Tricia Dearborn, The Ringing World (Puncher & Wattman 2012)
When I blogged about Tricia Dearborn’s first book, Frankenstein’s Bathtub, I said I responded to the poems as if meeting an old friend for the first time. This is her second book, 11 years later, and I find myself weirdly reluctant to blog about it. It’s not that I haven’t enjoyed it. I think it’s because it feels as if commenting on the poems would be like reporting on a late-night conversation among friends – one of those conversations where guards can come down and people talk easily and openly, crying a little and laughing a lot, about a first kiss (‘The changes’), about the moment when you realise your mother is a vulnerable being (‘Mother seen from below’, especially part iii, ‘Shard’) and other childhood memories (I particularly like ‘The smiley spoon’), about the death of a baby niece (‘The quiet house’), about tinnitus (‘The ringing world’), about your creepy empathy for someone who volunteers to be eaten (‘Eat my secrets’), about proofreading (‘Galley slaves’), about those fanciful moments when it feels that the world is sending you a message (‘Memo’) or you’re caught off guard coolly contemplating your own death (‘Gravity’ and ‘The waiting earth’), about dramatic (‘Projectile’) or sweetly romantic (‘Anniversary’) moments in a long-term relationship. It’s not the intimacy of the confessional, the therapy room or the pillow, but it is intimate. And tactful – never Too Much Information, which is quite an achievement given that one or two poems (especially ‘Come in, lie down’) are pretty explicit about sex, and one (‘You are my perfect’) is a poignant avowal of love.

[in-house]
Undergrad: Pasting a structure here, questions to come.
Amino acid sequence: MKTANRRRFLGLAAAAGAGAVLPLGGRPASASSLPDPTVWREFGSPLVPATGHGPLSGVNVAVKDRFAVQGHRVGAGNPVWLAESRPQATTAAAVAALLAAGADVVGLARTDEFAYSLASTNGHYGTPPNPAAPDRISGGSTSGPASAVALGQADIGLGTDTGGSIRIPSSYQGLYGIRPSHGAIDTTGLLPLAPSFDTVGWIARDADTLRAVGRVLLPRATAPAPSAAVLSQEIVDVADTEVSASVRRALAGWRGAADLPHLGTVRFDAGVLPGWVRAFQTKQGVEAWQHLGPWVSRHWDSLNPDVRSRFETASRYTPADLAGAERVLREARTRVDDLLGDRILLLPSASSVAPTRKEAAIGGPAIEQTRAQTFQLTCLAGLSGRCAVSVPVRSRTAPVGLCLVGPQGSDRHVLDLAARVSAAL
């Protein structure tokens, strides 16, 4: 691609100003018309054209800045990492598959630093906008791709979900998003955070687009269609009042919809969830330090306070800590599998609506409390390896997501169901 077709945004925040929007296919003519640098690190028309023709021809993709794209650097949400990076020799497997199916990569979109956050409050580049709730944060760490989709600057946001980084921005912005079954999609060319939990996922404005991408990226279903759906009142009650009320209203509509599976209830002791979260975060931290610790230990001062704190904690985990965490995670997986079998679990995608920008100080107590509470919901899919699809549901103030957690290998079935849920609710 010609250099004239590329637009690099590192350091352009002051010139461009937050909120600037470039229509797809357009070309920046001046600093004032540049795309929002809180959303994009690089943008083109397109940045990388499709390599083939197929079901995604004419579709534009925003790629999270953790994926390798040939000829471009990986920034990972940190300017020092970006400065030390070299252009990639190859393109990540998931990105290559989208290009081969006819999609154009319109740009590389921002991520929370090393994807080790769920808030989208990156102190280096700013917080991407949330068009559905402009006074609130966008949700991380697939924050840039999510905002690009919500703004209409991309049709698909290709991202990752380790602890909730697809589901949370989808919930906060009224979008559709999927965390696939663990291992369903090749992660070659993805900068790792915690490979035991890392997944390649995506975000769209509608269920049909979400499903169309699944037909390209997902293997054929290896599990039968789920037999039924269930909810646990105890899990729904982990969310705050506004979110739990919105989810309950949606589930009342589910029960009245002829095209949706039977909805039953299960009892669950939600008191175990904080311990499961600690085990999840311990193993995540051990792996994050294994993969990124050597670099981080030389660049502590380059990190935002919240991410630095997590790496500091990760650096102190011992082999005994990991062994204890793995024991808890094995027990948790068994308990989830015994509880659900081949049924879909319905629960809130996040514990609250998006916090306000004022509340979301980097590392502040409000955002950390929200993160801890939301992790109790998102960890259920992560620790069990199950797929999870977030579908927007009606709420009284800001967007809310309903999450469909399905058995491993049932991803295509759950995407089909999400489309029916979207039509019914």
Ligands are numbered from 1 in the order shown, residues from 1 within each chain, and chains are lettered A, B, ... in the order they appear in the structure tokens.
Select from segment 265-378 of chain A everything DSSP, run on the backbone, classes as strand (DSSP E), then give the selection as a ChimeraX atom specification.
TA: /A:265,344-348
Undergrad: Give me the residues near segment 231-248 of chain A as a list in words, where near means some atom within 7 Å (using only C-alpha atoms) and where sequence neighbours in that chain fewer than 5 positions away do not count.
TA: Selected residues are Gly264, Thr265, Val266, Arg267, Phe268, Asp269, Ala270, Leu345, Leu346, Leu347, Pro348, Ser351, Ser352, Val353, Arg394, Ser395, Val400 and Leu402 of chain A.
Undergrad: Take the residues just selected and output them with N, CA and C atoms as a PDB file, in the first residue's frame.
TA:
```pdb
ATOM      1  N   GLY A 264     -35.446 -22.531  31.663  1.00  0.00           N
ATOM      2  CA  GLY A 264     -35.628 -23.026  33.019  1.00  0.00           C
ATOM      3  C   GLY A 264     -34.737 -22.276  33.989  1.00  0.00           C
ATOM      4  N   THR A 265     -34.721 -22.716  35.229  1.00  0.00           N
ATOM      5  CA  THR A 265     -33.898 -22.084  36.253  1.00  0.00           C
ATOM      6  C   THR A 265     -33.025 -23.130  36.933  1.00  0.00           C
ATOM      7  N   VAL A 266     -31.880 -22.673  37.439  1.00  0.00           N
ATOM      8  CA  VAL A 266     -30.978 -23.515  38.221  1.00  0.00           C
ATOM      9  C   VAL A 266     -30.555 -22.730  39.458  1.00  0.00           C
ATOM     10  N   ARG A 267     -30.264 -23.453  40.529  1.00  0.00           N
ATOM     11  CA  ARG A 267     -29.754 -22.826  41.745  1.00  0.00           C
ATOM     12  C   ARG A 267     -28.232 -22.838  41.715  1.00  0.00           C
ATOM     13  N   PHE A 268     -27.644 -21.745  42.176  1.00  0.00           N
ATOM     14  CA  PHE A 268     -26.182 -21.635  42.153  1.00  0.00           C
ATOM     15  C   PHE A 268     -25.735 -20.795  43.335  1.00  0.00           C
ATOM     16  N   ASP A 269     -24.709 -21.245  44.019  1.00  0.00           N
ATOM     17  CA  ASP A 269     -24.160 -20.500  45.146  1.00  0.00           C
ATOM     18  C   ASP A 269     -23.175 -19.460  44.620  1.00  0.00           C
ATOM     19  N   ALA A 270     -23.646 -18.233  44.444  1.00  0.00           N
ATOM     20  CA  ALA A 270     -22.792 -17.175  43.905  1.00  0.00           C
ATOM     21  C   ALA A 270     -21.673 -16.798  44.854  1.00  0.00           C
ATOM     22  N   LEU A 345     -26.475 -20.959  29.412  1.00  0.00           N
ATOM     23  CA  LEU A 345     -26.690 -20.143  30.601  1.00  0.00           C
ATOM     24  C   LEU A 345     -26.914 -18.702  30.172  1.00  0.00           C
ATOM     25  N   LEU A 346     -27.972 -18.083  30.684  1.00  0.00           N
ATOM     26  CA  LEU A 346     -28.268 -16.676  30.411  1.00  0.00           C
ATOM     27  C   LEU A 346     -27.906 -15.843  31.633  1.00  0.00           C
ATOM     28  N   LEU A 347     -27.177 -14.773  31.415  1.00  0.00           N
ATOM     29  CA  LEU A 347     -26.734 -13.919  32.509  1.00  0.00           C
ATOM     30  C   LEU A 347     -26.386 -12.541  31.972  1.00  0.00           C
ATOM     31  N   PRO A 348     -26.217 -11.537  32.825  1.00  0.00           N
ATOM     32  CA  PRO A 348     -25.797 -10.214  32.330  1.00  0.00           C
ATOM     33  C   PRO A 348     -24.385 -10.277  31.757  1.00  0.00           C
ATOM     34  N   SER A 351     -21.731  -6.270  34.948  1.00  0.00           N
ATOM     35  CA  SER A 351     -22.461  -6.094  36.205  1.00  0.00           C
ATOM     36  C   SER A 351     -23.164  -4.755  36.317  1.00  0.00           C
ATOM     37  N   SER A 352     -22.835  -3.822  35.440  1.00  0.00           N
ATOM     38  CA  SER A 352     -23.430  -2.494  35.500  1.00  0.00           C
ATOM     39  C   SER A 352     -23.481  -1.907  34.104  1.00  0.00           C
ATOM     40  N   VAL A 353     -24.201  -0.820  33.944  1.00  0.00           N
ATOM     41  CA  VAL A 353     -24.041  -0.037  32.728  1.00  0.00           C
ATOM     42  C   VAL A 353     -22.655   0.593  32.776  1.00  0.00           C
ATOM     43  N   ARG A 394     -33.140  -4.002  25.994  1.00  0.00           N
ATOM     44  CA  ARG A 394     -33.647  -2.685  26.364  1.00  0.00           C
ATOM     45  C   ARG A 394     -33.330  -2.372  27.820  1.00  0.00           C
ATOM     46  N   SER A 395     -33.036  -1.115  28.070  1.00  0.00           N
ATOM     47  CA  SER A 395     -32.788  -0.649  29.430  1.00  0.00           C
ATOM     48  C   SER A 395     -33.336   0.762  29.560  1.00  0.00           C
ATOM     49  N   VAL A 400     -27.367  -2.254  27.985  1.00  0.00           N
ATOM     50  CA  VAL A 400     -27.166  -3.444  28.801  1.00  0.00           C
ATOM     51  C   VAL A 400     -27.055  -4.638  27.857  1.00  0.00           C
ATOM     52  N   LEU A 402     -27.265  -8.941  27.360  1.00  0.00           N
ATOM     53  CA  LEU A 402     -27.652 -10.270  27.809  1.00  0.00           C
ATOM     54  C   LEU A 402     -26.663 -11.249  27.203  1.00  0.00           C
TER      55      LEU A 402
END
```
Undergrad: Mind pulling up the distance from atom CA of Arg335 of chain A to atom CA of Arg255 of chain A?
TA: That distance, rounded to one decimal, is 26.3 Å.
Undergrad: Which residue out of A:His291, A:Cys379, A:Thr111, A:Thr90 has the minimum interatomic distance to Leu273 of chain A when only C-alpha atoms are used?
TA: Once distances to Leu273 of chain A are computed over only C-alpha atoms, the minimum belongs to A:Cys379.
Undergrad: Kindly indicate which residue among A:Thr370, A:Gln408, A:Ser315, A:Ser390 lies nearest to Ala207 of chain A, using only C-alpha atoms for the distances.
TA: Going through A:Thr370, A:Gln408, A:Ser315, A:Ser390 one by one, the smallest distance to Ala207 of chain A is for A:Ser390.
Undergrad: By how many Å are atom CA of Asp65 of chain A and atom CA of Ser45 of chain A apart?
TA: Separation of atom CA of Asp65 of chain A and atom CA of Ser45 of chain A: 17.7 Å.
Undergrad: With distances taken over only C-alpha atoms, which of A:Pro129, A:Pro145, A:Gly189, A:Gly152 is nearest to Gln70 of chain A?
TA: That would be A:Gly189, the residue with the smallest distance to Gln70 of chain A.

I read these poems, more than once, while out walking. Reading poetry while walking is something I recommend: often the rhythm of walking and the rhythm of a poem play nicely off each other, and the poems and the world can speak to each other in unexpected ways. In this book ‘Gravity’ made me notice what my feet were up to. Here is its last six lines:
Earth’s substance draws us, yet
stops us plummeting to her core.
But see how we, through the rhythmic
daily greetings of our feet
the transmitted pressure of our bodies at rest
eventually get under her skin.
‘The rhythmic daily greetings of our feet’ – isn’t that fine? It’s an example of another main joy I found in these poems – the way they unapologetically sing within a western scientific, materialist view of the world.
Tricia Dearborn’s work, including a number of the poems from this book, featured in Jim Bennett’s Caught in the Net 79.